Combating AMR requires more funding, says HHS secretary

The World AMR Congress took place last week in Washington, D.C., with 600 delegates, including from the biotechnology sector. During the event, Health and Human Services (HHS) Secretary Xavier Becerra urged increased funding for combating AMR, or antimicrobial resistance.

Without new medicines and antimicrobials, antibiotic-resistant infections—which claimed the lives of more than 1.2 million in 2019—will only grow worse.

World AMR Congress highlights policy to fix broken antimicrobials market

Lawmakers have proposed several bills that could help the industry develop new antibiotics and antimicrobials.

The PASTEUR Act, for example, would establish a “Netflix-style” subscription model for hospitals and governments to acquire new medicines. It’s one example of legislation that might help solve the broken antibiotic and antimicrobial business model. Passing the PASTEUR Act is a priority of the Biotechnology Innovation Organization (BIO).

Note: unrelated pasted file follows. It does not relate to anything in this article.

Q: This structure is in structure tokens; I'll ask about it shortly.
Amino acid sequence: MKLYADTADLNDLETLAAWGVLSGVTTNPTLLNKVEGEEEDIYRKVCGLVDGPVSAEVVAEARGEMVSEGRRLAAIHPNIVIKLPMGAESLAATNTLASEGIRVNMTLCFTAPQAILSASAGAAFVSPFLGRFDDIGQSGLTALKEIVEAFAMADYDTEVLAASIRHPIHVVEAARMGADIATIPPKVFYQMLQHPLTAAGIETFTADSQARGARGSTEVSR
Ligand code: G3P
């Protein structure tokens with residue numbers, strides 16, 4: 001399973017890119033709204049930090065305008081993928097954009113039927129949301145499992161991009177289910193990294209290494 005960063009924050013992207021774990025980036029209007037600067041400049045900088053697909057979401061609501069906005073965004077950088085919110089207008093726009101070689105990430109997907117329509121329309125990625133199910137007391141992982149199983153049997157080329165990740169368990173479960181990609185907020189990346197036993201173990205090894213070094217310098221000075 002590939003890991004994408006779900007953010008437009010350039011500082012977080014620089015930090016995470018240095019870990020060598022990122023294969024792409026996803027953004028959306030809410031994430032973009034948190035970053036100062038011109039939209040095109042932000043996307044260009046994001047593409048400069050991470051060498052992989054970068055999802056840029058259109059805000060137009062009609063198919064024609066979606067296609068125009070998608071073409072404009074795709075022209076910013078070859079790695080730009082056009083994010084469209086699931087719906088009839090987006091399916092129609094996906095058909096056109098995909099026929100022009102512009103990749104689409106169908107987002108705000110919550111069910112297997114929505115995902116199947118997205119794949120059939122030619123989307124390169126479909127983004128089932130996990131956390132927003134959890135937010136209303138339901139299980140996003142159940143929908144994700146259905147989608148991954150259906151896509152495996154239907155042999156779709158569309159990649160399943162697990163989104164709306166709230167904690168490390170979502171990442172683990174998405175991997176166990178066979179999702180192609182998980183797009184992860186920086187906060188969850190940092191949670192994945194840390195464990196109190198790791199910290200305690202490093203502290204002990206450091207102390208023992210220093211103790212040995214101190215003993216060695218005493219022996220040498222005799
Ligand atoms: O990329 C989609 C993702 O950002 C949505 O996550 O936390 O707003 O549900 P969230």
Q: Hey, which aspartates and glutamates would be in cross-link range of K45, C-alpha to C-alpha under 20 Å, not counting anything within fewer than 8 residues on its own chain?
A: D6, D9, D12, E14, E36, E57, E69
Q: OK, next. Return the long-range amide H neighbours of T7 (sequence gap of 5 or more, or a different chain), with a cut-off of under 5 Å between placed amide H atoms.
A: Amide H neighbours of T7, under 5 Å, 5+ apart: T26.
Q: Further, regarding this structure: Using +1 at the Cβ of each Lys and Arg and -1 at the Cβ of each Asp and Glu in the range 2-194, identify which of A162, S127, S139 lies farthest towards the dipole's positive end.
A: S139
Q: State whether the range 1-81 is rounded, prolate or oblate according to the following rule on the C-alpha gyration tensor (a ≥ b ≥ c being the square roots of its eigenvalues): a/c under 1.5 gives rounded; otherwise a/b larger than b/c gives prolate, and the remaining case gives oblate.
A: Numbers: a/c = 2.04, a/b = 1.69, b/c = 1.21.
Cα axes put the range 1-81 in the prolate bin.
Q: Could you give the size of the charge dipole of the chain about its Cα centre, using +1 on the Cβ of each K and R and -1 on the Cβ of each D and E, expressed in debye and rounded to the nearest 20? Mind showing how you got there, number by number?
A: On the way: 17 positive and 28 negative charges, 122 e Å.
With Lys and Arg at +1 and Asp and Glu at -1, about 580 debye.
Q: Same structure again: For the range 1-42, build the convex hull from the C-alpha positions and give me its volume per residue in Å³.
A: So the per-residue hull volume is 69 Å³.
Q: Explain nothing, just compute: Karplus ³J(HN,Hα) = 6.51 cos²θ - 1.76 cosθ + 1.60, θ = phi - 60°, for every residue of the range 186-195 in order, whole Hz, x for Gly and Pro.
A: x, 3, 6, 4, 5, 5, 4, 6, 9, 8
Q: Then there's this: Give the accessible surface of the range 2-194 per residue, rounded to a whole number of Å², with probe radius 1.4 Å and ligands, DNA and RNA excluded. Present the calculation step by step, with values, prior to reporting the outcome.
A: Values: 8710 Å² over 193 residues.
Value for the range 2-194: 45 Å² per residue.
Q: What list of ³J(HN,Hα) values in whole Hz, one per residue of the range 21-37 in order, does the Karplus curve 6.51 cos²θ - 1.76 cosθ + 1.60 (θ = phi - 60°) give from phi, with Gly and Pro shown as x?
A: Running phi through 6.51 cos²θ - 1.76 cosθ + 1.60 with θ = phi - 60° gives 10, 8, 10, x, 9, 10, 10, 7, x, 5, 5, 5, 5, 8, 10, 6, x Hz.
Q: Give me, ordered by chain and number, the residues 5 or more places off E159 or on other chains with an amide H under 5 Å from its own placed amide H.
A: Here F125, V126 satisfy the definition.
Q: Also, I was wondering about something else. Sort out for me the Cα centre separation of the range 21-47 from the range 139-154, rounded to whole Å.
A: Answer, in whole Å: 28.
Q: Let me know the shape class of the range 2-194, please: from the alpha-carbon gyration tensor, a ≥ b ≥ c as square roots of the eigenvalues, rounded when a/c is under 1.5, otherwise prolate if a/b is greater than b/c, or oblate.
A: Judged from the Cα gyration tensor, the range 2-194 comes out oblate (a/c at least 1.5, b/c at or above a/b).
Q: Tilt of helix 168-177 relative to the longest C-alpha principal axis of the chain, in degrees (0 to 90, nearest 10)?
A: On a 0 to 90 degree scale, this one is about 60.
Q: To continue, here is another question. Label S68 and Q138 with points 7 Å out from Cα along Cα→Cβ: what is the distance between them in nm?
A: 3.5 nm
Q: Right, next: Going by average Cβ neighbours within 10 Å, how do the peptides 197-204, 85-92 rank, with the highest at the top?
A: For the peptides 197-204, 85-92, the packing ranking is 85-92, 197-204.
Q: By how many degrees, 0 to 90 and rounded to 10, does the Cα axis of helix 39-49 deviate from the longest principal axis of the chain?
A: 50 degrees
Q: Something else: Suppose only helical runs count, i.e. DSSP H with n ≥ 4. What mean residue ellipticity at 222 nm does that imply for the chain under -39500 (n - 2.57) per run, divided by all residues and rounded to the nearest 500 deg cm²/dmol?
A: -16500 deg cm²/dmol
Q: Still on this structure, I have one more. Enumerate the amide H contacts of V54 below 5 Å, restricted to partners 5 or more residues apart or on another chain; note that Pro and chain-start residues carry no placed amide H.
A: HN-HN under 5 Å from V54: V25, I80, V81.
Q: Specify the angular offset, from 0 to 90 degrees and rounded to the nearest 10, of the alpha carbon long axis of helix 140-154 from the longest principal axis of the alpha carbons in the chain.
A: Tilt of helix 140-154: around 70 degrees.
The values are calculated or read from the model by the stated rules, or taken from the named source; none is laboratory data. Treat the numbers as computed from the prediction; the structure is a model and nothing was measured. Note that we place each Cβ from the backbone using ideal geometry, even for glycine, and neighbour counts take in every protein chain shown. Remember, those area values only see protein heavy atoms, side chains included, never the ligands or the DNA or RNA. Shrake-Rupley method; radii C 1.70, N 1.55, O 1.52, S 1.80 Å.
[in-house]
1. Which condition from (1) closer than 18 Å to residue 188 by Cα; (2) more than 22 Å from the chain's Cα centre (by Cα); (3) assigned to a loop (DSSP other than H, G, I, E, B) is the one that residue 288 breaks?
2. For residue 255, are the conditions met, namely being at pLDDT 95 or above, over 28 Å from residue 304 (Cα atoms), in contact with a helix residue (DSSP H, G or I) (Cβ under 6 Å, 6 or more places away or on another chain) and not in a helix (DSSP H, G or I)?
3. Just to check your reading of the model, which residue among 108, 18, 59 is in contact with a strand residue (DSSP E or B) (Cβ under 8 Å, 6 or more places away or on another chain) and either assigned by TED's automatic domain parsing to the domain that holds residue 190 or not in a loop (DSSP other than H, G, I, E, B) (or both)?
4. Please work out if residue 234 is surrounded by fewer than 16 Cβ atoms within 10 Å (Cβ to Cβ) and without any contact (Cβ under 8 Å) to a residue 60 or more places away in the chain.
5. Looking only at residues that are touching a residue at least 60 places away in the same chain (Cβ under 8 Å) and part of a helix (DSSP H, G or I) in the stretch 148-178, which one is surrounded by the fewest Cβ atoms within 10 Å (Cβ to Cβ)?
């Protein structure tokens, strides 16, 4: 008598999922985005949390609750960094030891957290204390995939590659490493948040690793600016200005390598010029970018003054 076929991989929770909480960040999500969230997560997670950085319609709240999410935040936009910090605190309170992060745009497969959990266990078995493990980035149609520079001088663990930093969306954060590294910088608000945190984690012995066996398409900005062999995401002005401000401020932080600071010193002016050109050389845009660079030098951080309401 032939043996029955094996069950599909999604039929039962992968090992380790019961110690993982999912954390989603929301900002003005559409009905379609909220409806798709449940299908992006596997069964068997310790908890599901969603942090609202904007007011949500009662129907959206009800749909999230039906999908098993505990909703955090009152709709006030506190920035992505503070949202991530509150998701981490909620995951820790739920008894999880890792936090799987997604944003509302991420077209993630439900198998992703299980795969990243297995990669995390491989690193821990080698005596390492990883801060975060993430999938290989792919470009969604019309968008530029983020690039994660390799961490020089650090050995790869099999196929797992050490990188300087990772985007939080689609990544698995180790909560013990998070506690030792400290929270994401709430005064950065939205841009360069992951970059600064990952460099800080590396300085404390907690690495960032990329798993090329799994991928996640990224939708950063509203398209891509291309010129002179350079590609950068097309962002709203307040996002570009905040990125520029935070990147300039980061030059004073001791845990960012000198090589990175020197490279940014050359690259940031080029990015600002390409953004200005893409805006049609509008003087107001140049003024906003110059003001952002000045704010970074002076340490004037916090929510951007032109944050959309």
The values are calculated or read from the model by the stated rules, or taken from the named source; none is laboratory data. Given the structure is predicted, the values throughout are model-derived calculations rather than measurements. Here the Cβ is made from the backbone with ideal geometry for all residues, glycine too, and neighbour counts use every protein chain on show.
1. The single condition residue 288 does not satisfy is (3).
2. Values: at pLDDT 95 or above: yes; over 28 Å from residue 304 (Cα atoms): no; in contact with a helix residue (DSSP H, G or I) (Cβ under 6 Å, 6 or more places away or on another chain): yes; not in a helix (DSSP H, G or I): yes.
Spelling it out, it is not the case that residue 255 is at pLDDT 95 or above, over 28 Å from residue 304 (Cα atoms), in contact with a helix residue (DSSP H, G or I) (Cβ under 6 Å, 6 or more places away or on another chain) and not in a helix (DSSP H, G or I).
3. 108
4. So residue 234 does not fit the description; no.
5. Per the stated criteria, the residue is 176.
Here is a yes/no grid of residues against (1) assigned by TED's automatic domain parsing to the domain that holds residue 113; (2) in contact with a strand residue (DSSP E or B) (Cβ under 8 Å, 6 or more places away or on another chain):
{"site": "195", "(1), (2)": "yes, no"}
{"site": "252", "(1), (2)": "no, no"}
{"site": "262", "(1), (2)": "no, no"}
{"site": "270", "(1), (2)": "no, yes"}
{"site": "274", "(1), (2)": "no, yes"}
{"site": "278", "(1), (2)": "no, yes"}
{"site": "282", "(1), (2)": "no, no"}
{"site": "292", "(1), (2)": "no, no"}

The DISARM Act, as another example, would improve Medicare compensation for hospitals that utilize sophisticated antibiotics responsibly and, as a result, assist offer some essential financial security to support more research and development. These kinds of policy changes will assist in ensuring that patients continue to have access to the antibiotics they require.

According to BIO’s Director of Infectious Disease Policy Emily Wheeler, while Secretary Becerra did not expressly support the PASTEUR Act, he did signal government support for combating AMR by including PASTEUR-like wording in President Biden’s FY23 budget proposal.

According to Secretary Becerra, speaking about the rise in AMR-related hospitalizations and fatalities during the pandemic, AMR is “the second punch that gets the communities in America,” reported Axios. “The second punch gets those who are least prepared, the most vulnerable, and the most underserved.”

Why we need to address AMR

While public health is “having a moment,” as BIO’s Emily Wheeler said, we need to seize the moment to invest in public health infrastructure and turn addressing AMR into a movement. We can do this by raising awareness, boosting the infectious disease workforce, and implementing much-needed policies to stabilize and sustain the broken antimicrobial market.

At the World AMR Congress, BIO leaders warned about the danger posed by AMR and the pressing need for action.

Following the event, BIO and British academics and industry partners met behind closed doors to address legal, financial, and other concerns.

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